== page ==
Francine Gauthier is one of the daughters. She made that clear during the opening moments of the Apeldoorn parade when she took off down a tree-lined street—on foot—in search of her father who was riding with some “other boys” in the back of an old, but painstakingly restored army truck, one of many supplied by the Keep Them Rolling Association. “Dad! Dad! I love you! I’m so proud of you!” And with that, she leapt up onto the truck and gave her father, Maurice, a big hug, an unscripted show of affection that filled the damp street near the Het Loo Palace with something that had been missing most of the week—sunshine.
Earlier in the week, the palace was the scene of the first presentations of the Thank You Canada and Allied Forces 1945-2005 Medal. The very first recipient was Hallie Sloan, 88, of Ottawa who served with the Royal Canadian Army Medical Corps. During one 30-day period, the hospital she served in admitted 18,000 casualties and performed 1,600 medical procedures. “I was in Holland on the first VE-Day. It was the most wonderful time. We had heard rumours the war might be over, but we weren’t quite sure. When day finally arrived I think everyone was quite stunned.”
Sloan and other veterans know that it is up to younger ones to carry history forward. Collectively, they know how the war was fought in France, Italy, Belgium, Hong Kong, the Netherlands, on the seas and in the air. More than a million Canadian men and women served in WW II and of these more than 42,000 lie buried in immaculately kept cemeteries in Europe and the Far East. More than 7,600 of them died in the nine-month campaign to liberate the Netherlands.
Following the Battle of the Scheldt in the fall of 1944, the First Canadian Army, under General Harry Crerar, fought in the northeastern and western Netherlands until a very desperate German Army surrendered in early May 1945. The preceding months were anything but quiet. Indeed, during the Hunger Winter of 1944-45 some 4.5 million Dutch suffered from starvation; many died. More would have perished if the Canadians hadn’t negotiated a truce on April 28 to permit relief supplies to enter the western Netherlands.
Vicious fighting, particularly in the northeast, left many Canadians dead in those final days. The headstones at Groesbeek, for example, tell of men killed on the final days of the war. G.L. Byers of the Saskatchewan Light Infantry died May 8, 1945. He was 23.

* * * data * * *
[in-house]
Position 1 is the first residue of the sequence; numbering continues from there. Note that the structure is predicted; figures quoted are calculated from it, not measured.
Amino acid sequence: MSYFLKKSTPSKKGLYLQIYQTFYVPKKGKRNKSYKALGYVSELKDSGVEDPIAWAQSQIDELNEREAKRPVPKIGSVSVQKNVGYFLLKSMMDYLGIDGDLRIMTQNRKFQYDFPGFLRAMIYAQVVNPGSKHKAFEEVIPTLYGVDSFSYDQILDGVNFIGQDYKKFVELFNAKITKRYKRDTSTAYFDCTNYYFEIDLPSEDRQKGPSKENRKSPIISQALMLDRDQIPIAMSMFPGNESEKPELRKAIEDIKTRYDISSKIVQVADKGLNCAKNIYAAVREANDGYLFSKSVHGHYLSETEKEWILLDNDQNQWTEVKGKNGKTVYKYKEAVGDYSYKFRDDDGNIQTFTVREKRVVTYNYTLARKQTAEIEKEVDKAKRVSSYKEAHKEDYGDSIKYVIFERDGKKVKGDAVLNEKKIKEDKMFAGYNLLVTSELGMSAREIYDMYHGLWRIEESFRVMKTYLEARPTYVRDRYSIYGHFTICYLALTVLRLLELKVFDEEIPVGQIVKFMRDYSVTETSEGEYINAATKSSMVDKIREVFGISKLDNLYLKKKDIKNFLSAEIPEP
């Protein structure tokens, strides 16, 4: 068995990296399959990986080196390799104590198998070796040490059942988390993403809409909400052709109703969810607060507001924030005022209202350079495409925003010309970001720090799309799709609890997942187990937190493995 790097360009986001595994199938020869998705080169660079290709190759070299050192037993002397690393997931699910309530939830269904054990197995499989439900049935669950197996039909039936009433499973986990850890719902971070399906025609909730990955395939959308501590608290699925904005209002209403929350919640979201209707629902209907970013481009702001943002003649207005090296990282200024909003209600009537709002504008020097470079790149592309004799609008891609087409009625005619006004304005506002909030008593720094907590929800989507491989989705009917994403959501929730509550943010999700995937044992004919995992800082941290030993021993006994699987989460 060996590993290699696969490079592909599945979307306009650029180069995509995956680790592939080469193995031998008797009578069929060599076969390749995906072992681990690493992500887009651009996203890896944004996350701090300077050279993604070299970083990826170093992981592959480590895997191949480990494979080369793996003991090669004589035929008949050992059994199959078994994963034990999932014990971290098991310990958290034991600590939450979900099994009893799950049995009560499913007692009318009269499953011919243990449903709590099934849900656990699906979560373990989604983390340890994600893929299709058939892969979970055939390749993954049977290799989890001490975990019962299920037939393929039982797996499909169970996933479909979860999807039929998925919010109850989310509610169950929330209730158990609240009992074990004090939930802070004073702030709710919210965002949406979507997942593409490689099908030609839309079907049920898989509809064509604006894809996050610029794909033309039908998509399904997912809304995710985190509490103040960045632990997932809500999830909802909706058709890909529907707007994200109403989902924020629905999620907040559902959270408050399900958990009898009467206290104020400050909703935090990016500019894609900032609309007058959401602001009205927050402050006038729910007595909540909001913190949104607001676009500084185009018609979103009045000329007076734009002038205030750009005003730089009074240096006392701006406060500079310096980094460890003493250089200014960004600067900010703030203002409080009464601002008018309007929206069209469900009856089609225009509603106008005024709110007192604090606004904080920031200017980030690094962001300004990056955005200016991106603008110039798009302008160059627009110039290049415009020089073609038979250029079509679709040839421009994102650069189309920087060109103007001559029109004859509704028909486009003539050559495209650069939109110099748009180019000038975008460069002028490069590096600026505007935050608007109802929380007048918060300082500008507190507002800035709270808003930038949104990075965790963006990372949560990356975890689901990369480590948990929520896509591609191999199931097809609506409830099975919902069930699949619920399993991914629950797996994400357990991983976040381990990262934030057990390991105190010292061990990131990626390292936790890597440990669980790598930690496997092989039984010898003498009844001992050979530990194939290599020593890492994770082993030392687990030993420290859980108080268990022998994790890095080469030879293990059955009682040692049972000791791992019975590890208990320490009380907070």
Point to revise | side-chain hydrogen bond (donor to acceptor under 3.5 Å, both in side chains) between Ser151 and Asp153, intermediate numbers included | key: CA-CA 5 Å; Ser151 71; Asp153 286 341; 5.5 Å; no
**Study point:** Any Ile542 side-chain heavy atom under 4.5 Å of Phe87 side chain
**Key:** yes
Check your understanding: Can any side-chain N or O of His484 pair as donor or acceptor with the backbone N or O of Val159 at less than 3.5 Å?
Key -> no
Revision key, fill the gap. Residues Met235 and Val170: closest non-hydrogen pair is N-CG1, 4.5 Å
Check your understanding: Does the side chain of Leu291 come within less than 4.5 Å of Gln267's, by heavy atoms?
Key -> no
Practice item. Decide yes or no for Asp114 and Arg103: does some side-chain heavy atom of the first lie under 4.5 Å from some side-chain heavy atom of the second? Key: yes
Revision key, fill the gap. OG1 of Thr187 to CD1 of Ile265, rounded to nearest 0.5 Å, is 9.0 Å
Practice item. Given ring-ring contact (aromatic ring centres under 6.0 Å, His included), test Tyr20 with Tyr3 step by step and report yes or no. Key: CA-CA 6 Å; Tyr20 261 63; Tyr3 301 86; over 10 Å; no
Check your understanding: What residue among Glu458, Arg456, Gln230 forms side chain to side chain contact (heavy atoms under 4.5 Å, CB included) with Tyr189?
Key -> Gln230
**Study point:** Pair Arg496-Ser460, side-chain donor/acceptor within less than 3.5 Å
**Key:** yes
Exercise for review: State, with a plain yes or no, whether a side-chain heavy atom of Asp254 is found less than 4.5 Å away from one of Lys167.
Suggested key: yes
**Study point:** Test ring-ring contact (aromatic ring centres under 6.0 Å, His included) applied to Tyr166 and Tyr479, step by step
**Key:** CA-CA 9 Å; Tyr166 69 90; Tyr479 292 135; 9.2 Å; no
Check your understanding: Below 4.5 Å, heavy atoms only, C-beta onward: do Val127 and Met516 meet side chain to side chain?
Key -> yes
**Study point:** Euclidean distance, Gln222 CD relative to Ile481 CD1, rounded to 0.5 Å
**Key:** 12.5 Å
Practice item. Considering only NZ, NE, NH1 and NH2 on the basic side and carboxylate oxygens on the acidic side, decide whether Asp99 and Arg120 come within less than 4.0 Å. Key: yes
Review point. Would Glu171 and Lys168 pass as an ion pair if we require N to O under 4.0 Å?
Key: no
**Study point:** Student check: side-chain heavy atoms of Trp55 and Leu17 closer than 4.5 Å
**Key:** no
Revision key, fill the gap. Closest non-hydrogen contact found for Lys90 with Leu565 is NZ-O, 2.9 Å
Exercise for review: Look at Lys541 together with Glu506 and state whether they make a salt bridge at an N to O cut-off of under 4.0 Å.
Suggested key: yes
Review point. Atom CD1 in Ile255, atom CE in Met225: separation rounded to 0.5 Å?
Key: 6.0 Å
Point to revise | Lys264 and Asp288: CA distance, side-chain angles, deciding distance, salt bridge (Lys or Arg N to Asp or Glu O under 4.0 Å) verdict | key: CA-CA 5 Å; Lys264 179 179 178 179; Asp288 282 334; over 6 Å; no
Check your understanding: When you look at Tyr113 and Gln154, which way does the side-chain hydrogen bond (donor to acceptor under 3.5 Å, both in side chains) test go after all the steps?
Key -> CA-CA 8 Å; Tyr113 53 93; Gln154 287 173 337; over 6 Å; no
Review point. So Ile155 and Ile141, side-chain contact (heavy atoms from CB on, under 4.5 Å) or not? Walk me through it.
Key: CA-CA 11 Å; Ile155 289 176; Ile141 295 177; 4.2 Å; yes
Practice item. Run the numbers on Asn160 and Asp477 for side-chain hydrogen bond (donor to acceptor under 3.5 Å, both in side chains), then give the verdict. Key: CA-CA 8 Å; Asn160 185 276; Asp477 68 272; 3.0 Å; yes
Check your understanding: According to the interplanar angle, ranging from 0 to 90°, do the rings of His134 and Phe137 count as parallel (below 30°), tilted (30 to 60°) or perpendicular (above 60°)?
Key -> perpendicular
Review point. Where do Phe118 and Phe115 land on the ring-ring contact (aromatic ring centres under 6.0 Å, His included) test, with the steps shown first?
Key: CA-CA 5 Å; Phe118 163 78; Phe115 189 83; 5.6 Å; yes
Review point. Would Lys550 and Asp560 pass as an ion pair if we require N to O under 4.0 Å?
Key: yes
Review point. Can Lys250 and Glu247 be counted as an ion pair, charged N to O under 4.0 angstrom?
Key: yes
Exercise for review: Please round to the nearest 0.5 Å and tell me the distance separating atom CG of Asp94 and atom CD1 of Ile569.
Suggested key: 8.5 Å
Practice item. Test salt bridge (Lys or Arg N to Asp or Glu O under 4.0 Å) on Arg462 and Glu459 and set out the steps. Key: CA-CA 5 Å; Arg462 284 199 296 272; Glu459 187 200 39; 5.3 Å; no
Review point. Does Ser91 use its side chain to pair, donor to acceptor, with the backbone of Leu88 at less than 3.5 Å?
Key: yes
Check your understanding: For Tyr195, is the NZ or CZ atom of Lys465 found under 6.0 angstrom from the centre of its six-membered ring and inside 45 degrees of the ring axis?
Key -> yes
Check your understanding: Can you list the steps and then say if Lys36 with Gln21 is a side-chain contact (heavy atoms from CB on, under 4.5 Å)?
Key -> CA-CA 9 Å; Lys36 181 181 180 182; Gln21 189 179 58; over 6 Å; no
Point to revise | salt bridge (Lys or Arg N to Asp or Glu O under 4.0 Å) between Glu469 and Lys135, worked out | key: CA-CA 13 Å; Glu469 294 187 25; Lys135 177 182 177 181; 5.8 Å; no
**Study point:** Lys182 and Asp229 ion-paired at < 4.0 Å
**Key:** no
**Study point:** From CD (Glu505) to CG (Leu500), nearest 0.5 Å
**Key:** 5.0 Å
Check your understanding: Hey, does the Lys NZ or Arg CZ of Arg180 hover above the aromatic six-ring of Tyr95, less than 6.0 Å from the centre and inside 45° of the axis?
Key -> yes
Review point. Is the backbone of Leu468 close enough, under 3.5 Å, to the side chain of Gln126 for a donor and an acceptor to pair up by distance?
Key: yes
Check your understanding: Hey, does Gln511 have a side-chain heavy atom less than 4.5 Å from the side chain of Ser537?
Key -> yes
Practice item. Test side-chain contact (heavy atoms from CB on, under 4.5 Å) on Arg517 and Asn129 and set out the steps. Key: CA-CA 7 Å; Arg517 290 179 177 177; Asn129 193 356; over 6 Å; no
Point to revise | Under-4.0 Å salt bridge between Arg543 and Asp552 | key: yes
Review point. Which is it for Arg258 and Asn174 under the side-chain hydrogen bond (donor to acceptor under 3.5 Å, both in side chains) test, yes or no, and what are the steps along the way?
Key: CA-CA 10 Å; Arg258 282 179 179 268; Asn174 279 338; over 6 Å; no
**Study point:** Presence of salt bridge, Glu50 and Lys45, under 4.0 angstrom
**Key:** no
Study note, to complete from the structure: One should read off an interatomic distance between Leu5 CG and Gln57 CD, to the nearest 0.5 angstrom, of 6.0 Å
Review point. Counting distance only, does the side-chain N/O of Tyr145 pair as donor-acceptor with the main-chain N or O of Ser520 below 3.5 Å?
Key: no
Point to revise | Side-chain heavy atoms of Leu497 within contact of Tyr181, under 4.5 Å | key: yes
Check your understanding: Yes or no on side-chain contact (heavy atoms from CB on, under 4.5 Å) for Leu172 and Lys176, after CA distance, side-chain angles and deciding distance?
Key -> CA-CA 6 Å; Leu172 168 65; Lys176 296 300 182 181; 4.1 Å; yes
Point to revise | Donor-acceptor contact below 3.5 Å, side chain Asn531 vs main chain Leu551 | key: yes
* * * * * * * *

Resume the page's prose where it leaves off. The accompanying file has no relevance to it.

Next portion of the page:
Raymond Williams, who served with the Royal Canadian Engineers, was one of the lucky ones. He was among the first to set foot on Juno Beach, June 6, 1944. Through France, Belgium and the Netherlands, he experienced many close calls while helping to build bridges. He remembers bullets and shells flying over and around him. When word came the war was over in Europe, he was helping to build a Bailey Bridge in Germany. “We had a pretty good idea for two or three days that the war was going to end, so we were working quickly to try to finish it.”
When you ask Williams about the last bridge, he can produce a small black and white photograph showing him standing on it next to a buddy named Tommy Fitzgerald. Both men are smiling and Williams’s beret is set at a jaunty angle, well back on his head. You can feel the release of tension, along with the desire both men have to get the hell out of there.
After noticing the photo, you notice Williams’s big, calloused hands—the tough mitts of a tradesman, a guy well used to pounding steel with a ball-peen hammer. Before the war, Williams—one of nine kids—did what his father and his father’s father did. He quit school and became a bricklayer. Indeed, the palms of his hands got so rough he could light a match on them. “I took my apprentice to become a bricklayer when I was 16, and I can remember how many times I used to stoop up and down in a day to lay a thousand brick….”
The Royal Canadian Navy and Canada’s Merchant Navy are often forgotten when it comes to stories about VE-Day. However, their huge contributions helped make victory possible. Thankfully, the Veterans Affairs Canada delegation includes more than a dozen navy veterans, among them Leo J. McVarish, Ron Rhine and André Rousseau. Able Seaman McVarish was on HMCS Alberni when she was torpedoed in the English Channel by U-480 on Aug. 21, 1944.
McVarish, 83, of Winnipeg was having lunch in the seamen’s mess when all hell broke loose. “I was one of the lucky ones because there were a lot of others who were sitting there beside me who did not get out.” The former sailor said the corvette sank in about 20 seconds. “I just had enough time to run maybe 15 feet and grab my life-jacket…. If you didn’t move right away, you were lost.”
With one arm through his life-jacket, McVarish began to sink with the ship. “It was very dark, but I reached the surface and wow I didn’t realize how rough it was. I could hear the wind howling and then noticed a few other sailors, but I lost sight of them in the trough. I remember looking around and saying ‘Gee, the ship is gone.’ I remember being worried about the depth charges, but none of them went off because they were all set to safe. Thank God for that.”
McVarish grabbed hold of a wooden plank and remained in the frigid water for over an hour before being rescued. Of the 90 sailors on board, 59 perished. “I still have my bad dreams…. They never go away. There is one recurring nightmare in which I am in the asdic hut on the bridge of Alberni. I look out and see this lookout standing there on the starboard side. He has his back to me and there is a name on his back which I can’t make out. I know this is wrong because we never put our names on our backs. I decide to leave my station—something I would never, ever do—and go out to see him. He was wearing a duffle coat and when he turned around he was a skeleton….”